The latest Nationwide house price index revealed that annual house price growth was unchanged from the 2% growth reported in August.
The average house price in September was £214,922, a slight increase on the £214,745 recorded a month earlier.
Commenting on the figures, Robert Gardner, chief economist at Nationwide Building Society, said: “…Annual house price growth has been confined to a fairly narrow range of [around] 2-3% over the past 12 months, suggesting little change in the balance between demand and supply in the market.
“Looking further ahead, much will depend on how broader economic conditions evolve, especially in the labour market, but also with respect to interest rates.
“Subdued economic activity and ongoing pressure on household budgets is likely to continue to exert a modest drag on housing market activity and house price growth this year, though borrowing costs are likely to remain low.
“Overall, we continue to expect house prices to rise by around 1% over the course of 2018.”
Property market is ‘sterile at best’
Jonathan Samuels, CEO at Octane Capital, said: “September may have seen prices nudge up, but the property market is sterile at best.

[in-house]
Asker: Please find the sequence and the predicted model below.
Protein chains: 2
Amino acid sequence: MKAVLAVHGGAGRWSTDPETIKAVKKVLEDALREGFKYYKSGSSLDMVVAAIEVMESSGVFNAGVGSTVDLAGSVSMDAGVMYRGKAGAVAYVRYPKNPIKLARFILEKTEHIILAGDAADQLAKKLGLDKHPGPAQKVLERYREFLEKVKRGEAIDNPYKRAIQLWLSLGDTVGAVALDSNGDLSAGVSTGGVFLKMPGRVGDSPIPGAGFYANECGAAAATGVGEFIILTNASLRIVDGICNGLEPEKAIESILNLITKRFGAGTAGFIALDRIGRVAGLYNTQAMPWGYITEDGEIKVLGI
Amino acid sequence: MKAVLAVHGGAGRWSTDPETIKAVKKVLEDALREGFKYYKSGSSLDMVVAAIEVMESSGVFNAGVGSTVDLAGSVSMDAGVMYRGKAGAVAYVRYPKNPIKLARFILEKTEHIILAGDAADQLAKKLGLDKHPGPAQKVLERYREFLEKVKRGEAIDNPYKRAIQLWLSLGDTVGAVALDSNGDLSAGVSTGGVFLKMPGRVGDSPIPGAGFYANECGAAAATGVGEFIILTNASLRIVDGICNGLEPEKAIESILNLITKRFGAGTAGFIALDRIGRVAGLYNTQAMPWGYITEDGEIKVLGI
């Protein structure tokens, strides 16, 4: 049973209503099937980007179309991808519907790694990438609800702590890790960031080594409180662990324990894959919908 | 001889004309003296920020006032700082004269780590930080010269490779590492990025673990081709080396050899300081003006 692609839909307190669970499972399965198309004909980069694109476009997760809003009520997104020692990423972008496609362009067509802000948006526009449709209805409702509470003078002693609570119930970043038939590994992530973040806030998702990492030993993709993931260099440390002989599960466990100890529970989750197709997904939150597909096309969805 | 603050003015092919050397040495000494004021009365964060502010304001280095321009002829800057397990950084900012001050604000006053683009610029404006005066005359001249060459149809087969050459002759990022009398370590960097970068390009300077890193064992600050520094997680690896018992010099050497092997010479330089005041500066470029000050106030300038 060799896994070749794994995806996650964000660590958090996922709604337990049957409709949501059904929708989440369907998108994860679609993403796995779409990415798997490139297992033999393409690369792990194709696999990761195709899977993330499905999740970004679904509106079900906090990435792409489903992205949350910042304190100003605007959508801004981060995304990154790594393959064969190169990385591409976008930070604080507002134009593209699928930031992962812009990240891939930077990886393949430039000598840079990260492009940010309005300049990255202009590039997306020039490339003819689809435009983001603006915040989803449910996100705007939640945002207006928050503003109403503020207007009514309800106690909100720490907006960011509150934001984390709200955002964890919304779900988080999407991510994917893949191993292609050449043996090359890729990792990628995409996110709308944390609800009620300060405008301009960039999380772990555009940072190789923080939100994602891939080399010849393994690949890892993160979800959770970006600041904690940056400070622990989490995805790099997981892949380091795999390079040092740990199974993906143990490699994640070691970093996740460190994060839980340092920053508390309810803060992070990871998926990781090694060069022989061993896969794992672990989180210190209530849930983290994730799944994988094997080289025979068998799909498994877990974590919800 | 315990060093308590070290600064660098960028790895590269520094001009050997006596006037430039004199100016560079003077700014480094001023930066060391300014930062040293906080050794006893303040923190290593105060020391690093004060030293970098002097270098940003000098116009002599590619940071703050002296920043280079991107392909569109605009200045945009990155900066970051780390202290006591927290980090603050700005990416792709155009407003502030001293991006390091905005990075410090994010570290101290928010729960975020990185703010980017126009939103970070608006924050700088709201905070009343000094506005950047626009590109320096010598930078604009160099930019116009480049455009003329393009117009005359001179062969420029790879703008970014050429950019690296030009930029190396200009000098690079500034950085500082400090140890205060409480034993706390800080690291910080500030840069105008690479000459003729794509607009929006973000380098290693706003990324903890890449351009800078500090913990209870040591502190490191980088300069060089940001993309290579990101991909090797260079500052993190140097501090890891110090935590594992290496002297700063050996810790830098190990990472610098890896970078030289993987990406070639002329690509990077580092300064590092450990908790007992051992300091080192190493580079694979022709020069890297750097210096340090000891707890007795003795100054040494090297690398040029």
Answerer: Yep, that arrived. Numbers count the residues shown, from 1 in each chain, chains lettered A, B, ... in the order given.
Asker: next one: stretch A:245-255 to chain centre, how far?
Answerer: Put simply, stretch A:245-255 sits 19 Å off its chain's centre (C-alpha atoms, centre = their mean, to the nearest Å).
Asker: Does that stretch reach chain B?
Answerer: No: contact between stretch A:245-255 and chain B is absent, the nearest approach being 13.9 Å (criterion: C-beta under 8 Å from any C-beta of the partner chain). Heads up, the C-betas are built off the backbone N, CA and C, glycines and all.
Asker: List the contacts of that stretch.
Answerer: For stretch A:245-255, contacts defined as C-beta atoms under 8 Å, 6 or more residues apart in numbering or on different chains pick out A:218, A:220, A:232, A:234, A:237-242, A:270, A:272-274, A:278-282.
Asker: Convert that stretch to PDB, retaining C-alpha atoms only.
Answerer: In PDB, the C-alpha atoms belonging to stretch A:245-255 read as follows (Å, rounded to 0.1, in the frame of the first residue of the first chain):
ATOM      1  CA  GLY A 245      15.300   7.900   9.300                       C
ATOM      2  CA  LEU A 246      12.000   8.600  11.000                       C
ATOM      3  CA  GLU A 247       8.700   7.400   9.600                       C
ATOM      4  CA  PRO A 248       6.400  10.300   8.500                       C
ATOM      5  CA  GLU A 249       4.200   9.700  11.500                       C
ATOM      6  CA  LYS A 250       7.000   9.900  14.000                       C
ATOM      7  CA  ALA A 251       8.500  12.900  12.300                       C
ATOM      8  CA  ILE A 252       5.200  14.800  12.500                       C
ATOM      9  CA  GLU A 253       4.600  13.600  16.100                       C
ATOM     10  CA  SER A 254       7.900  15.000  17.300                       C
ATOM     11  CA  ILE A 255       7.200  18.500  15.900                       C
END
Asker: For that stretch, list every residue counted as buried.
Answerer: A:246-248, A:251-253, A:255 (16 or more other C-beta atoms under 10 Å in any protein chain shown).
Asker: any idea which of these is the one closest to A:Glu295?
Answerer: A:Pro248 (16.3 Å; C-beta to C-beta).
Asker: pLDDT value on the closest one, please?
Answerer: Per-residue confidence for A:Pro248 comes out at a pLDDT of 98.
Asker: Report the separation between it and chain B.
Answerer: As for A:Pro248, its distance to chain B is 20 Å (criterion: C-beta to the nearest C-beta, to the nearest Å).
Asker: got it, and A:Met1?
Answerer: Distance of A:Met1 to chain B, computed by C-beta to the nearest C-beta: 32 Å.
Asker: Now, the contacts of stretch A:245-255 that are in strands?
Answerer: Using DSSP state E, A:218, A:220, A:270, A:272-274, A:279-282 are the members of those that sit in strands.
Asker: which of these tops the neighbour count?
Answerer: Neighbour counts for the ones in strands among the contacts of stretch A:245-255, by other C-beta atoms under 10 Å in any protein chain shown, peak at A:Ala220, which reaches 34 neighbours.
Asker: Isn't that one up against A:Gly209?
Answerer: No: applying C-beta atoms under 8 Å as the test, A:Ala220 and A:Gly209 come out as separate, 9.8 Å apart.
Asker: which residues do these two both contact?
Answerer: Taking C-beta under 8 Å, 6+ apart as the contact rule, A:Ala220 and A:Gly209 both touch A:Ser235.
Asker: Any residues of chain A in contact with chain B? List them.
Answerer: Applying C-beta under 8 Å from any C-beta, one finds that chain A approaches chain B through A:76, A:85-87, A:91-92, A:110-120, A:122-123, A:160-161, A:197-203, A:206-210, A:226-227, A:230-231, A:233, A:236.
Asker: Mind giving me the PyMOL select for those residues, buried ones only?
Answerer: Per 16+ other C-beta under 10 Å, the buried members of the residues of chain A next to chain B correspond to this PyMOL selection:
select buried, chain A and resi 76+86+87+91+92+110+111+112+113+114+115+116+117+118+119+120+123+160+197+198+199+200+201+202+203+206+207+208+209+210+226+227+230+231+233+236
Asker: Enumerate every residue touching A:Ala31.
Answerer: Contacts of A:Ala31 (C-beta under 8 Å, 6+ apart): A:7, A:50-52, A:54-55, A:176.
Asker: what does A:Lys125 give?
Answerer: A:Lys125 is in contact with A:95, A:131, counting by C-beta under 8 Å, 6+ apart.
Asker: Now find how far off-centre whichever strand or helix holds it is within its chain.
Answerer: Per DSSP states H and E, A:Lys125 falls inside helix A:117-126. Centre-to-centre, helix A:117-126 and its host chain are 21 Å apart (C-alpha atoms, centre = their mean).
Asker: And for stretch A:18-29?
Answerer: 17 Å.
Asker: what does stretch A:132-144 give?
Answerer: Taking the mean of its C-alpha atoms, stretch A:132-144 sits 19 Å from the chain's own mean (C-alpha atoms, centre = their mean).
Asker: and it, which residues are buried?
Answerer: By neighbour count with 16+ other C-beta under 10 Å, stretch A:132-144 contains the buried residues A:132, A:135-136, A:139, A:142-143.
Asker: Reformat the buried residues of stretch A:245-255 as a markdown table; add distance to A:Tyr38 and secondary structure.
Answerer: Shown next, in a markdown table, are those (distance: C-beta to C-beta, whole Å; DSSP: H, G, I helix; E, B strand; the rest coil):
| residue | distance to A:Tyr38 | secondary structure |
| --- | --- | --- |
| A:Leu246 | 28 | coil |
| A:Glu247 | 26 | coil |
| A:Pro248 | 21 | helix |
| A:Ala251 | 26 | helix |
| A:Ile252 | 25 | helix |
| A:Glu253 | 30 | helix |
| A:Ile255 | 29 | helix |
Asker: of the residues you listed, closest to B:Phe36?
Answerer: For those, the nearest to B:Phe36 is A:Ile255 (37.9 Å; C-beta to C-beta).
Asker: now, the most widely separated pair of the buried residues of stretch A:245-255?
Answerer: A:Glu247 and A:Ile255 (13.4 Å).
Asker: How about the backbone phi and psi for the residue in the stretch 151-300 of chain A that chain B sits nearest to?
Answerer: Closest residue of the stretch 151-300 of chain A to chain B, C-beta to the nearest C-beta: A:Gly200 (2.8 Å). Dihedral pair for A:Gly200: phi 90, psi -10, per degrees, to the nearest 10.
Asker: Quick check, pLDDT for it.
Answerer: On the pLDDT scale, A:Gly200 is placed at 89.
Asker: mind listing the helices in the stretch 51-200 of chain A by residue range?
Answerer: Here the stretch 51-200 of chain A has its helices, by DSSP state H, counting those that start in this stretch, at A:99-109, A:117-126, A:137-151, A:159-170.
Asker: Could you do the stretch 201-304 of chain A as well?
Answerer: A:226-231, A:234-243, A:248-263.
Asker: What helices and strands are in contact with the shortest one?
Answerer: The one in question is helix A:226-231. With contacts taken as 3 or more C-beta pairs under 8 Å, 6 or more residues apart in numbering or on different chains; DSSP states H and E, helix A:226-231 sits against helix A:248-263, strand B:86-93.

“The little annual house price growth there is, is being driven as much by the lack of supply as it is demand.
“A strong jobs market and continued low borrowing rates are keeping transactions ticking over, despite pressure on household finances, interest rate uncertainty and the ever-present threat that is Brexit.
- Nationwide announces changes to its new-build leasehold policy
- A Brexit no-deal could hit London house prices like a 'sledgehammer'
- UK housing market 'far from teetering on the edge'
“Few would bet against the market staying in the same supply-demand rut for the rest of the year and well into 2019.
“A chaotic Brexit has the potential to hit confidence and the property market for six.”
James Newbery, investment manager at British Pearl, said that what was striking was that we were still a divided nation.
“Growth since the financial crisis has been incredibly uneven with many regions still struggling to get back to where they began, whereas London has powered ahead.
“That means there are still opportunities out there, but they must be chosen carefully.
“A market that balloons then falls back hard is something all buyers fear, but the capital may well have dodged this eventuality against the odds.”
Sam Mitchell, CEO at Housesimple.com, added: “While the overall picture suggests a flat market, actually the regional picture is far more interesting.
"It's very much a market that has been turned on its head with strong growth in the North West and Yorkshire, and falling prices in London and the South.
"There's been too much focus on the London slowdown recently and very little comment on the strong performance of cities such as Manchester, Leeds and Liverpool.
"This negativity towards London could weigh heavily on the shoulders of the entire UK property market; we shouldn't talk the market down.”